No Boats When I Was There

There is a WordPress feature called the Tag Surfer that shows posts others have done on their blogs that you have an interest in.

This morning I came across one featuring paintings by the father of French Impressionism, Claude Monet. The one that instantly struck me was this one done at the small village of Etretat in Normandy on the English Channel (La Manche to the French)

When I spent five days vacationing there in 1991 there weren’t any boats on the beach.


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2 responses to “No Boats When I Was There

  1. Oh, my gosh. What a wonderful juxtaposition! Did you take the photo? I think I’m rather more fond of it than the painting. Monet’s view is delightful and all that, but the photo seems to capture a little something “extra”.

    It reminds me of the Pinnacles in western Australia, or southern Utah. I love the starkness of the contrast. One of the most amazing sights of my life was flying the edge of the western sahara, looking down at nothing but water and sand.

    A couple of weeks ago I saw some Monet in an exhibition of impressionists/post-impressionists at the museum in Houston. It was extremely interesting because all of the paintings were from the National Gallery in DC and I’d seen many of them before. My response was quite different this time, and if I ever can figure out why that’s so, I might write about it. 😉

    Yes, that’s a picture I took. Etretat is a neat little town. Probably not much changed from the time that Monet was there except for the construction of bunkers on the heights that were part of Hitler’s “Western Wall.”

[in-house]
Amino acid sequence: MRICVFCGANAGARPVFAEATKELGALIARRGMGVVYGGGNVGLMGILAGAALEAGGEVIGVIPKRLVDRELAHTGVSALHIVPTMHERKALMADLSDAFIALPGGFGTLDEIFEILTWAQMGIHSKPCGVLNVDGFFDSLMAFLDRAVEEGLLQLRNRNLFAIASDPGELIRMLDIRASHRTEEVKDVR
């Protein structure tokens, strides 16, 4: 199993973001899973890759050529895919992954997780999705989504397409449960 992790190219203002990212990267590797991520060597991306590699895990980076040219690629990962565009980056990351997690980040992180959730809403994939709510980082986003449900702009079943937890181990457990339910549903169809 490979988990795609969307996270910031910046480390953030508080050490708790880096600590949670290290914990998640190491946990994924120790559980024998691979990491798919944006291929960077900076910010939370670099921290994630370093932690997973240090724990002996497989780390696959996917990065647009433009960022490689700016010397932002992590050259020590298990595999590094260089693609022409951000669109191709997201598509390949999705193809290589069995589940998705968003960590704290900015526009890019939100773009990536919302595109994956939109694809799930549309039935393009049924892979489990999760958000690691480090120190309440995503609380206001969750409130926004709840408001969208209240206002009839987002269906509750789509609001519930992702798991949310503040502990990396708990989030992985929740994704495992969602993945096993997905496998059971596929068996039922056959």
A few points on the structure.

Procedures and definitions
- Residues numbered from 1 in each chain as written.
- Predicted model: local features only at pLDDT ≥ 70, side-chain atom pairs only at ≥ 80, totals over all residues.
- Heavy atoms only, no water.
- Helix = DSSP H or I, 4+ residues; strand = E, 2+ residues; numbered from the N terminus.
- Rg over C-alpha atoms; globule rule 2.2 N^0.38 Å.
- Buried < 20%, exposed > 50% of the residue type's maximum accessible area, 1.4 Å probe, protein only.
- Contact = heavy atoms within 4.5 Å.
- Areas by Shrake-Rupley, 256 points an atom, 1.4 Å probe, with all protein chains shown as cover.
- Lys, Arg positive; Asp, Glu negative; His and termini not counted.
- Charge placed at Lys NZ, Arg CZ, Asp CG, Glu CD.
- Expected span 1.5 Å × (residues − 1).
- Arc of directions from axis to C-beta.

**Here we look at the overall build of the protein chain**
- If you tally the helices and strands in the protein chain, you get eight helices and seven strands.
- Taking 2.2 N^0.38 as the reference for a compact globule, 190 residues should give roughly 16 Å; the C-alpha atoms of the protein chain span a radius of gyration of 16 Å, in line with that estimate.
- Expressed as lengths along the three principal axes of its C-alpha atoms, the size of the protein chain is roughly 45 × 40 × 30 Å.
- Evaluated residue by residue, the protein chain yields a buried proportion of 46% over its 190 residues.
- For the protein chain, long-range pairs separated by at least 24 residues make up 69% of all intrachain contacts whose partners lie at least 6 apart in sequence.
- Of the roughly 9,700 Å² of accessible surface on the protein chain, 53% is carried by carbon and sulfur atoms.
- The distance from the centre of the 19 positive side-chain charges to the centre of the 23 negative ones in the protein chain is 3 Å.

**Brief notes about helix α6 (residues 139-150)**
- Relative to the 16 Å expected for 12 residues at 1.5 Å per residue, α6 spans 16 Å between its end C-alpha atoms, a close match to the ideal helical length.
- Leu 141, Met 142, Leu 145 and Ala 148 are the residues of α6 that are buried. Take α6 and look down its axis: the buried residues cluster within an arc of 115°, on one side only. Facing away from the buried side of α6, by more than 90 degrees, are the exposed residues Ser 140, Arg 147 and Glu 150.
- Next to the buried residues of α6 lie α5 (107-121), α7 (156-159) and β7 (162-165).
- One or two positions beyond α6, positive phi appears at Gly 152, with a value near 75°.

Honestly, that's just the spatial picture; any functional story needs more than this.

It was a great vacation. In fact the only one I took while I was over there. Florence and I stayed at a little inn that dated back to probably the late 1400s and you could almost imagine the musketeers climbing the steps to the second floor. The people there treated my like royalty 1) because I was an American and Etretat isn’t that far from the D-day beaches and 2) I spoke French so they could talk to me. The whole time I was there I didn’t buy a single drink at a bar and I got a free bottle of wine with almost every meal. It really pisses me off when I hear people in the States bad-mouthing the French. You certainly couldn’t prove any animosity towards Americans at all.

  2. I agree that the French get a bad rap. I had a horrid experience in Paris that sent me fleeing, but that had more to do with my youth, inexperience and minimal language skills than anything else. On the other hand, that woman could have been a little more understanding, but….

    However. When I got to the country side, it was delightful. People were willing to give me a little extra time, and my French improved considerably – to the point that I could pretty much navigate without English at all. And what’s not to like about all that history, and beauty, and bread and wine and cheese and….

    But I don’t need to tell you!

    People who visit Paris and say that they’ve been to France are like people who visit New York City saying they’ve been to the United States. Neither one is the repository of the milk of human kindness. People often say to me “Gosh, you’ve been all over the place.” Well, that’s not true. I’ve been to a few places and have “lived” there, for some period of time: i.e. France, Spain, Guatemala and now Panama. And let me tell you, I have seen and been embarrassed by my fellow countrymen more times than I can count. And I’m not shy about approaching those idiots and telling them “It’s people like YOU that make it hard for people like ME.”

    I also read, online, a couple of newspapers in the States and especially the “comments” readers make to stories. I can’t believe the hatred, bitterness and vitriol I find in those comments. Honestly, I feel like I have escaped from the asylum.